To be honest, the Nickelback-like stuff on this record is really the best stuff here, and that's sad. The rest is Sixx trying to be the artiste that he's always wanted to be, but never really had the talent to be. Outside of "Life is Beautiful," the 1980s alternative rock-influenced "Pray for Me" isn't bad and a few of the other songs like "Dead Man's Ballet" and "Heart Failure" have their moments. But Sixx's attempts to channel Bowie and weave classical into the songs really just don't work. I mean, you just have a hard time buying the kind of depth this record is trying to sell from a guy that's been selling us sex, drugs and rock 'n' roll for 25 years or so.

I'm sure there are some devoted followers of the cult of Sixx (and yes, sadly enough, it does exist, I've met them) who will believe this is a masterpiece, and if I'm being honest, it is an ambitious project. Unfortunately, I don't think most people really want depth and introspection from Nikki Sixx. They want the kind of three-chord, fun rock 'n' roll that he got rich writing. The bottom line is that I'd much rather be holding a new Crue record filled with tunes like "Sick Love Song" from their best of compilation a couple of years ago, and that's the problem. Sixx and Lee can try to distance themselves from Motley Crue and try to prove that there's more substance to them musically, but at the end of the night the people in the audience really just want to hear "Shout at the Devil."

Get "The Heroin Diaries."

Saturday, September 1, 2007

Stuck in my Head: "Long-Haired Country Boy" - Charlie Daniels

It's been my long-time habit, that when I'm working on a story by an artist that I like, I listen to a good bit of that artist's music. So, with Charlie Daniels coming to town for a festival, I find myself listening to his music to get into the right frame of mind to write the story.

Of course, it's not like I have to go out of my way to hear this song. Every time my cell phone rings, I hear Daniels sing the words, "If you don't like the way I'm livin'/You just leave this long-haired country boy alone." I've kind of taken the song on as a personal anthem, since, well, I do have long hair (what's left of it) and I am a country boy. More than that, though, I do really relate to the lyrics. No, I don't get stoned in the morning and drunk in the afternoon (and neither has Daniels in a whole lot of years), but you could certainly find some people who think I'm no good and crazy as a loon.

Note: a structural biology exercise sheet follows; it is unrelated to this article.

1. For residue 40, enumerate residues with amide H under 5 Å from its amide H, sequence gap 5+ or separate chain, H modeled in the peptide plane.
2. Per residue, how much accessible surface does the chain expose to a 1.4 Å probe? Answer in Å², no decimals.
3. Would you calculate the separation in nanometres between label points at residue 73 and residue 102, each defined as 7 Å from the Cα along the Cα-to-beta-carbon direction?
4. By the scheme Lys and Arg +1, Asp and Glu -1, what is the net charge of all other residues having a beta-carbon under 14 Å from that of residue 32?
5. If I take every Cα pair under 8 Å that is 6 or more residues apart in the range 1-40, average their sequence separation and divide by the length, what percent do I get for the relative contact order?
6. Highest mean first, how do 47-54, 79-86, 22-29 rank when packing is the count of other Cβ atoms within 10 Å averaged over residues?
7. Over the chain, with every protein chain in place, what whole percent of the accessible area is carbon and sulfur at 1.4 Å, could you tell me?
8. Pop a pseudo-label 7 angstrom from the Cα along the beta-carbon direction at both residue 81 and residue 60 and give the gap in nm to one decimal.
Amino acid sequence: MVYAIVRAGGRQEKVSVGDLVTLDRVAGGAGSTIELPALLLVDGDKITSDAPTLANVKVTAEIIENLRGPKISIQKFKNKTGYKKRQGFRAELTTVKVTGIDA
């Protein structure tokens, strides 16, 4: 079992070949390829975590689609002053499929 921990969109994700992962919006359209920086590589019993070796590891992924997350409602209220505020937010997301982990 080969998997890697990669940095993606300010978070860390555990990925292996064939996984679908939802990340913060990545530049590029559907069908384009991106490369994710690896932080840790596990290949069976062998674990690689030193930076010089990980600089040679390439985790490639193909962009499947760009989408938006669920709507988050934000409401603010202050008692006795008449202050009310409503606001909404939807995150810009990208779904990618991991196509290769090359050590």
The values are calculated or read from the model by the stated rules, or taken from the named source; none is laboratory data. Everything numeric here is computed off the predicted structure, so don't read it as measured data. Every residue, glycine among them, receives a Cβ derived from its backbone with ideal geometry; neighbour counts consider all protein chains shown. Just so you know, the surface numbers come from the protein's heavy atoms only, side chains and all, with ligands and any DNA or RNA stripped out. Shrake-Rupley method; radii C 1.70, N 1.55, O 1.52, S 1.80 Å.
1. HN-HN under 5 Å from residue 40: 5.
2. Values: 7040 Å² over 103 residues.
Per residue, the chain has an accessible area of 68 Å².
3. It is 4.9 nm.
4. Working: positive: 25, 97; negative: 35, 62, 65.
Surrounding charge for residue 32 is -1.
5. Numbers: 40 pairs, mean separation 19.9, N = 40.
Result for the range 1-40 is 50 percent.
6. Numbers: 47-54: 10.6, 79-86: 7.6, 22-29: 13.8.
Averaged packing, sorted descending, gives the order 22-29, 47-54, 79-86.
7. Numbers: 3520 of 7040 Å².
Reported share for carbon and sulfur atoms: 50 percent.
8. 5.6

But the drug reference lines that people remember - "I don't want much of nothing at all, but I will take another toke" - belie the real message of the song, which is about living a simple, honest life and not trying to be anything but what you are.
For me, the chorus of the song is a great philosophy of life:
I ain't asking nobody for nothing, if I can't get it on my own; If you don't like the way I'm livin', you just leave this long-haired country boy alone.

I first heard the song as a child and was reintroduced to it in the late 1980s when it was covered by a hard rock act called Every Mother's Nightmare. I still like that version, but nothing really compares to the original. Daniels himself even revisited the song on his record "Blues Hat" with a bluesy take. Most recently, Daniels did a hybrid blues-country version of the song on his "Live from Iraq" record that came out earlier this year, and it was one of the highlights of that record. I still have trouble getting past the changed lyrics on newer versions, though.

Like several of Daniels' songs, it's been a long time since he sang the lines that reference drugs and alcohol. He now gets up in the morning and down in the afternoon, and he tells another joke as opposed to taking another toke. It's understandable that a Daniels in his 70s, who is just as likely to break out into a gospel song as one of his hits, would want to distance himself from some of the foolish things he did in his past. Still, I've always hated when people mess around with the songs I love.

Though Daniels has changed and the song has changed, the fundamental message of the song still rings true - keep it simple, be yourself and don't let the bastards get you down. The world would be a lot better place if we could all live like that.

Hear a sample of "Long-Haired Country Boy."

Get "The Ultimate Charlie Daniels Band."

Get "A Decade of Hits."

Get "The Essential Charlie Daniels Band."

Stuck in my Head is an occasional feature about whatever song happens to be running around incessantly in my head at the moment.